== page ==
While rabbinic sources differ as to details of Yohanan ben Zakkai’s story, all agree as to certain facts. The rabbi fled Jerusalem while the Jewish rebels against the Romans were still fighting. He then met with the Roman authority and requested to be allowed to settle the Sanhedrin in Yavneh. But it is often unappreciated why he did so; why did he not hope for the miraculous salvation of the city, as it had been saved in the age of the Maccabees and so often in the Bible? The Talmud stresses that ben Zakkai was horrified by how the Jews in Jerusalem, riven by factionalism, were attacking one another inside the city even as they fought the Romans without. The last straw for ben Zakkai, according to the Talmud, was when the rebels burned their rivals’ food. This rabbinic text parallels another in Josephus’s contemporaneous history, The Jewish War. Josephus describes the horrific behavior of Jerusalem’s Jews toward one another: “It was as if to oblige the Romans they were destroying all that the city had laid up against a siege and hamstringing their own powers…. It was hunger that defeated them, a thing that could never have happened if they had not brought it about themselves.”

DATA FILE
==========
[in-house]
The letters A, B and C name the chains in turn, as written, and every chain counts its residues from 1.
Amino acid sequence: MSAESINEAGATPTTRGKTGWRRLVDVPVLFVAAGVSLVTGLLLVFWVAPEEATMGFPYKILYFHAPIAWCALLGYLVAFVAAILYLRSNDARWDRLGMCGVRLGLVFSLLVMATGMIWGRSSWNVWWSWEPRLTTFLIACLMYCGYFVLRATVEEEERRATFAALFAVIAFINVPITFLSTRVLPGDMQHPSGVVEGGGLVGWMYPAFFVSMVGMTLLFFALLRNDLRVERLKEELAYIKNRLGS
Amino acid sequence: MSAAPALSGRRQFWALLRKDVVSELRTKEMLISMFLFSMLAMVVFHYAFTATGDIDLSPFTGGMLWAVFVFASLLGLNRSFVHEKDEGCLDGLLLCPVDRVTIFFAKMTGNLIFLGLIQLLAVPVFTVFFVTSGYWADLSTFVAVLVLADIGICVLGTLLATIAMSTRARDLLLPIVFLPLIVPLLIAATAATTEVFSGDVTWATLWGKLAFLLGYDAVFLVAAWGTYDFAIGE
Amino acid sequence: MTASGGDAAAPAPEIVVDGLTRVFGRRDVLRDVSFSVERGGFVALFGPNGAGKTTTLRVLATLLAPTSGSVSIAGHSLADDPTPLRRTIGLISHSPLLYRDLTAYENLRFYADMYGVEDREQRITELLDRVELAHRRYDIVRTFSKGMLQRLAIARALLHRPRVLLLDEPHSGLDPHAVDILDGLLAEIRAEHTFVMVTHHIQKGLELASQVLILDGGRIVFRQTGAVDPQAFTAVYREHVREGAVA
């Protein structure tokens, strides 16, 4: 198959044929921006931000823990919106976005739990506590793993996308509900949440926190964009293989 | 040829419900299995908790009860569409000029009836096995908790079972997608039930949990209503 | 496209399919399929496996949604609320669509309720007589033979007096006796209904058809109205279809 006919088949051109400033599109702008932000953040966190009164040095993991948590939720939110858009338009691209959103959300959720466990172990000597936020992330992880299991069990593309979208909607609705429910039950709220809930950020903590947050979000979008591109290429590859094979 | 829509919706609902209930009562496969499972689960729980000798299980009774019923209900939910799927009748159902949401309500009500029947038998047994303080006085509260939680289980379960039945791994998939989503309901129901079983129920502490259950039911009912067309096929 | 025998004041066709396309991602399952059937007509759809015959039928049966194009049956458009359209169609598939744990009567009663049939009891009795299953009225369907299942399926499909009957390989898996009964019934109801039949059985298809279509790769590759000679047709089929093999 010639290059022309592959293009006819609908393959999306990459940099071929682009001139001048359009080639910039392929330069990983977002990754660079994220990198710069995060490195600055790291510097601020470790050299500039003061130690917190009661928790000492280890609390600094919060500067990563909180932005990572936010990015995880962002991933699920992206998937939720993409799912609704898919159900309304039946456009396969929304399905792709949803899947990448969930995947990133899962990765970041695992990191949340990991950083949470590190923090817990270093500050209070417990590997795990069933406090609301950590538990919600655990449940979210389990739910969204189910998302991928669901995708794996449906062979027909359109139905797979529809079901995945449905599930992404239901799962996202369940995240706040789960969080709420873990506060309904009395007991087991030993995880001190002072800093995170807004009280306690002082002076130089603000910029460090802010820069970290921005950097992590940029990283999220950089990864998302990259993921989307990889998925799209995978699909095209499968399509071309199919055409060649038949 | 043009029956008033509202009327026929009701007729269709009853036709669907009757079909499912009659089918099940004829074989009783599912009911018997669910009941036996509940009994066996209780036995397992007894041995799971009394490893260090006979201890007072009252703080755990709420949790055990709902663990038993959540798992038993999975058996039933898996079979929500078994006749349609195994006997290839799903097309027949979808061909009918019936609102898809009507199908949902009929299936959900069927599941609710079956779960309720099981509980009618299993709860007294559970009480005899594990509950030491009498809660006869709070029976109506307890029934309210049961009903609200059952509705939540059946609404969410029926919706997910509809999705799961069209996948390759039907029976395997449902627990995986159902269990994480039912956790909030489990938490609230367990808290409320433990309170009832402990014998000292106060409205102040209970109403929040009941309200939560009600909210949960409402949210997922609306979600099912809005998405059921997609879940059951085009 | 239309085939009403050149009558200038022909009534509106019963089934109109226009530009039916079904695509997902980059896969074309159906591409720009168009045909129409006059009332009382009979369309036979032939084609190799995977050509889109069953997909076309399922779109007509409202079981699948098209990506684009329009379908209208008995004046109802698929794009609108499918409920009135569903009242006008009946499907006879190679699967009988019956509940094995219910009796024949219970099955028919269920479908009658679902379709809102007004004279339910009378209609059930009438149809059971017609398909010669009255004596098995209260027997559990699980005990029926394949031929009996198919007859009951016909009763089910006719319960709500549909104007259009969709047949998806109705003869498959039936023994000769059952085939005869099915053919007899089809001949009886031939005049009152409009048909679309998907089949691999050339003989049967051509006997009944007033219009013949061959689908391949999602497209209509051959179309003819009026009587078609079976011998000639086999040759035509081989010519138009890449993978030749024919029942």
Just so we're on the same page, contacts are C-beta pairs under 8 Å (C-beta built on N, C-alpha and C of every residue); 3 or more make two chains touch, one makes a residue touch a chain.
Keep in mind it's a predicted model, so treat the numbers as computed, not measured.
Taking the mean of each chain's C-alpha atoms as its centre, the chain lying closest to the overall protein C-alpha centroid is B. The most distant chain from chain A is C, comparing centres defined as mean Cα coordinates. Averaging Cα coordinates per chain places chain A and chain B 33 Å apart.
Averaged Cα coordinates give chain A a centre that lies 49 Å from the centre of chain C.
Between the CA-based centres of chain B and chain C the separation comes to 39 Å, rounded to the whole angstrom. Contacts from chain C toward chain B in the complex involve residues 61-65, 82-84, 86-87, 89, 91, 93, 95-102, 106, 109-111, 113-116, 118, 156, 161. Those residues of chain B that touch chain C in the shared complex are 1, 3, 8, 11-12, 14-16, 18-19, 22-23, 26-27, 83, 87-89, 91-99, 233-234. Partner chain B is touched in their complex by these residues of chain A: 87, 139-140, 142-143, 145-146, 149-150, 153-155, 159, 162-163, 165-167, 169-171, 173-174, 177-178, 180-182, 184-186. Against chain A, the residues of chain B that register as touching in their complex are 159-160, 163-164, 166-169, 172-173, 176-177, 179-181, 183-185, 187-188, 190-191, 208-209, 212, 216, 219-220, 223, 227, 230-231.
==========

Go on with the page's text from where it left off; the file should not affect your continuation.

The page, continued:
Jews lost Jerusalem by attacking one another. Nearly 2,000 years later, the moment would be cited by Menachem Begin in 1948 when he stood upon the ship Altalena as the forces of his political rival, David Ben Gurion, fired upon members of Begin’s Irgun, and Begin ordered his men not to fire back. Yohanan Ben Zakkai, seeing a Jerusalem where Jew slaughtered Jew, sensed the city would fall not only because of the brutality of the Roman emperor Vespasian’s assault, but because a Jerusalem that had eschewed Jewish unity had no right to expect salvation. He therefore set about preserving Jewish tradition, preparing for an age when Jews could claim Jerusalem again.
Mark Regev: Why is support for a two-state solution declining?